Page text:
UN Confirms That Extradition of Chechen Refugees Has Risks
43rd session UN Committee against Torture was held in Geneva during November 2-20. As a result of the session, UN Committe against Torture confirmes that deportee Chechen refugees may face a real risk of torture.
43rd session UN Committee against Torture, committe discussed the third periodic report of Azerbaijan Republic on the Convention against Torture and Other Cruel, Inhuman or Degrading Treatment or Punishment. Azerbaijan was represented by 13 state officals. The delegation of Azerbaijan was led by Deputy Foreign Minister Khalaf Khalafov.
In the session, Human Rights Center of Azerbaijan together with the International Federation of Human Rights presented their report about the situation in Azerbaijan. Some parts of the report was related in Chechen asylum seekers and refugees in Azerbaijan:
“In violation of this law and State Party obligation to not “expel, return (“refouler”) or extradite a person to another State where there are substantial grounds for believing that he would be in danger of being subjected to torture” under the Article 3 CAT, cases of extraditions to the countries with bad human rights records were registered in Azerbaijan, e.g. Chechens to Russia and Kurds to Turkey. In these cases, Azerbaijan prefers rather bilateral agreements than European treaties.
The several thousands of Chechen asylum seekers face permanent problems with registration of their status. The Azerbaijan State Committee on Work with Refugees and IDPs still refuses to deal with this group of asylum seekers and re-addressed this issue to the UNHCR office in Baku.
The Chechens are generally provided with a standard letter confirming that UNHCR is examining their cases, which helps them to avoid forced eviction from the country. But even after 3-4 and more years of such “examination”, they have no official refugee status. Even widow of first Chechen President Djohar Dudayev and family of Aslan Maskhadov failed to receive this status and were forced to leave the country.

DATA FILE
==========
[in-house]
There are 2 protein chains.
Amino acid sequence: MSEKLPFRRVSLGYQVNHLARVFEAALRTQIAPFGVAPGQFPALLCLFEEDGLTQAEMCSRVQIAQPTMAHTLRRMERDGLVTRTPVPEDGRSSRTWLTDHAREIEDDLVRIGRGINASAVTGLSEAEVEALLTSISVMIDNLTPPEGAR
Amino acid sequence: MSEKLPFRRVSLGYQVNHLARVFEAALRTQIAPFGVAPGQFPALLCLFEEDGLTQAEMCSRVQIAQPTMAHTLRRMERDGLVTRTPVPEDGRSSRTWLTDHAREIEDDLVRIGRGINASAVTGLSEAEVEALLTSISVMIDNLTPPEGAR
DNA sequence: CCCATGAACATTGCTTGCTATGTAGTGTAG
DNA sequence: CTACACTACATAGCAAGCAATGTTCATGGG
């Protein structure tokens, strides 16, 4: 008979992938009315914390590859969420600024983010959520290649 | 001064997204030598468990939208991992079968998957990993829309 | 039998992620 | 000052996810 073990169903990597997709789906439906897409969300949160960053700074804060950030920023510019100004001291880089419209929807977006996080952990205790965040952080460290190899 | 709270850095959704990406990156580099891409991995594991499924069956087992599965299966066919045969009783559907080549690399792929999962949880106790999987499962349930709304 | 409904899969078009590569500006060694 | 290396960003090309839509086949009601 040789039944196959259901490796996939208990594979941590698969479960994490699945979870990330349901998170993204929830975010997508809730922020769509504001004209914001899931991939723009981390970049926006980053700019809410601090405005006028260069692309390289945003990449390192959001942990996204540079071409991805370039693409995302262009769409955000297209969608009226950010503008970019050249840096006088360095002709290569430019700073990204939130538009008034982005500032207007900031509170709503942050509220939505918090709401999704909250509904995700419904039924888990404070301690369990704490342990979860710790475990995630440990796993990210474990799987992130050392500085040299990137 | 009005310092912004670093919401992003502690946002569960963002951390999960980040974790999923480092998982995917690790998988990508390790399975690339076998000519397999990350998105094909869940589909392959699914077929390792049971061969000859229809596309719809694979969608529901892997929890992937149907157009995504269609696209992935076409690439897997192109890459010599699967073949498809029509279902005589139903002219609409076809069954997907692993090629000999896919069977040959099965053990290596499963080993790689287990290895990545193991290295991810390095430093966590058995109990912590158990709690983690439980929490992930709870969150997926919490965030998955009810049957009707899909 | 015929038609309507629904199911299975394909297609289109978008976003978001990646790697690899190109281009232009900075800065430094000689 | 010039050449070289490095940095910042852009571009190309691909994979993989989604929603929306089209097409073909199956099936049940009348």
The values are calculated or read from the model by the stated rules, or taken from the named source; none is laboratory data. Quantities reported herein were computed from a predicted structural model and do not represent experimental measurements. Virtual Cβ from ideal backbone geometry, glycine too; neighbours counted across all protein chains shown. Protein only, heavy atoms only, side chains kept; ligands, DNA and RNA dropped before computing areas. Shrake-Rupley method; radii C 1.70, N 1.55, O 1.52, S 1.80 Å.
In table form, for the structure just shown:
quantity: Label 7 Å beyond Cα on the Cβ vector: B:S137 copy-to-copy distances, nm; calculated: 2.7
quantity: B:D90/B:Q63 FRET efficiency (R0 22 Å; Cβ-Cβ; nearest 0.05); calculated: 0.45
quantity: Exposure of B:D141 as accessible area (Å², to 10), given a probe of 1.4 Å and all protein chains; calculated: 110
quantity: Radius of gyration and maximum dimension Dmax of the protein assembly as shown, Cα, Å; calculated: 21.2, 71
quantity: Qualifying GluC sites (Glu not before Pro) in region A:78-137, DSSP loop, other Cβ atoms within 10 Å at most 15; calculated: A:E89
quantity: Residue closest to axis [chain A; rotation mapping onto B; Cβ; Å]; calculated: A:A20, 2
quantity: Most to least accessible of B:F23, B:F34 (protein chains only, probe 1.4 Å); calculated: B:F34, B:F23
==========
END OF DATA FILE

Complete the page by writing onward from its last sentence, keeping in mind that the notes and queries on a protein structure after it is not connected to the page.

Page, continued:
Although the authorities of Azerbaijan do not practice the formal refoulement of Chechens, they tolerate the disappearances and extradite the Chechens in Russia. Since 1999, at least 24 Chechens were illegally transferred in Russia where they faced torture. Most famous is the case of Ruslan Eliyevich Eliyev who had been registered by UNHCR as refugee under No.6032. After his kidnapping in Baku on 09 November 2006, he was found dead in Samashki, Chechnya in March 2007 with traces of severe torture, in a bag thrown down from a helicopter. In April 2008, Yusup Nagayev was arrested for extradition to Russia. He had been registered by the UNHCR already in 2002 under no. 4338. On February 7, 2009, he was extradited to Russia. In June 2008, Azerbaijan forcibly extradited a disabled asylum seeker, Suleyman Ayubov, registered by the UNHCR office in Baku under No. 6024.
Besides them, at least 18 Chechens were secretly extradited from Azerbaijan and consequently arbitrarily executed in Russia. Namely, the representative of Chechen rebels informed in May 2008 about the same fate of Azimov Kyuri, Aziyev Rasul, Bogayev Hampash, Chuchayeva Aset Zhavazhbaudinovna, Demelkhanov Zelimkhan Hamzatovich, Dikayev Mussa Vakhaevich, Edilov Ruslan Muslimovich, Eskiyev Aslan Mogomed-Eminovich, Gadayev Bislan, Gaziyev Imran, Marayev Dokka Lechiyevich, Mazhidov Ramazan, Mezhidov Abubakar, Oybuyev Ruslan, Shaipov Shamil Shamsudinovich, Tsulayeva Zara, and Yandarbiyev Salam.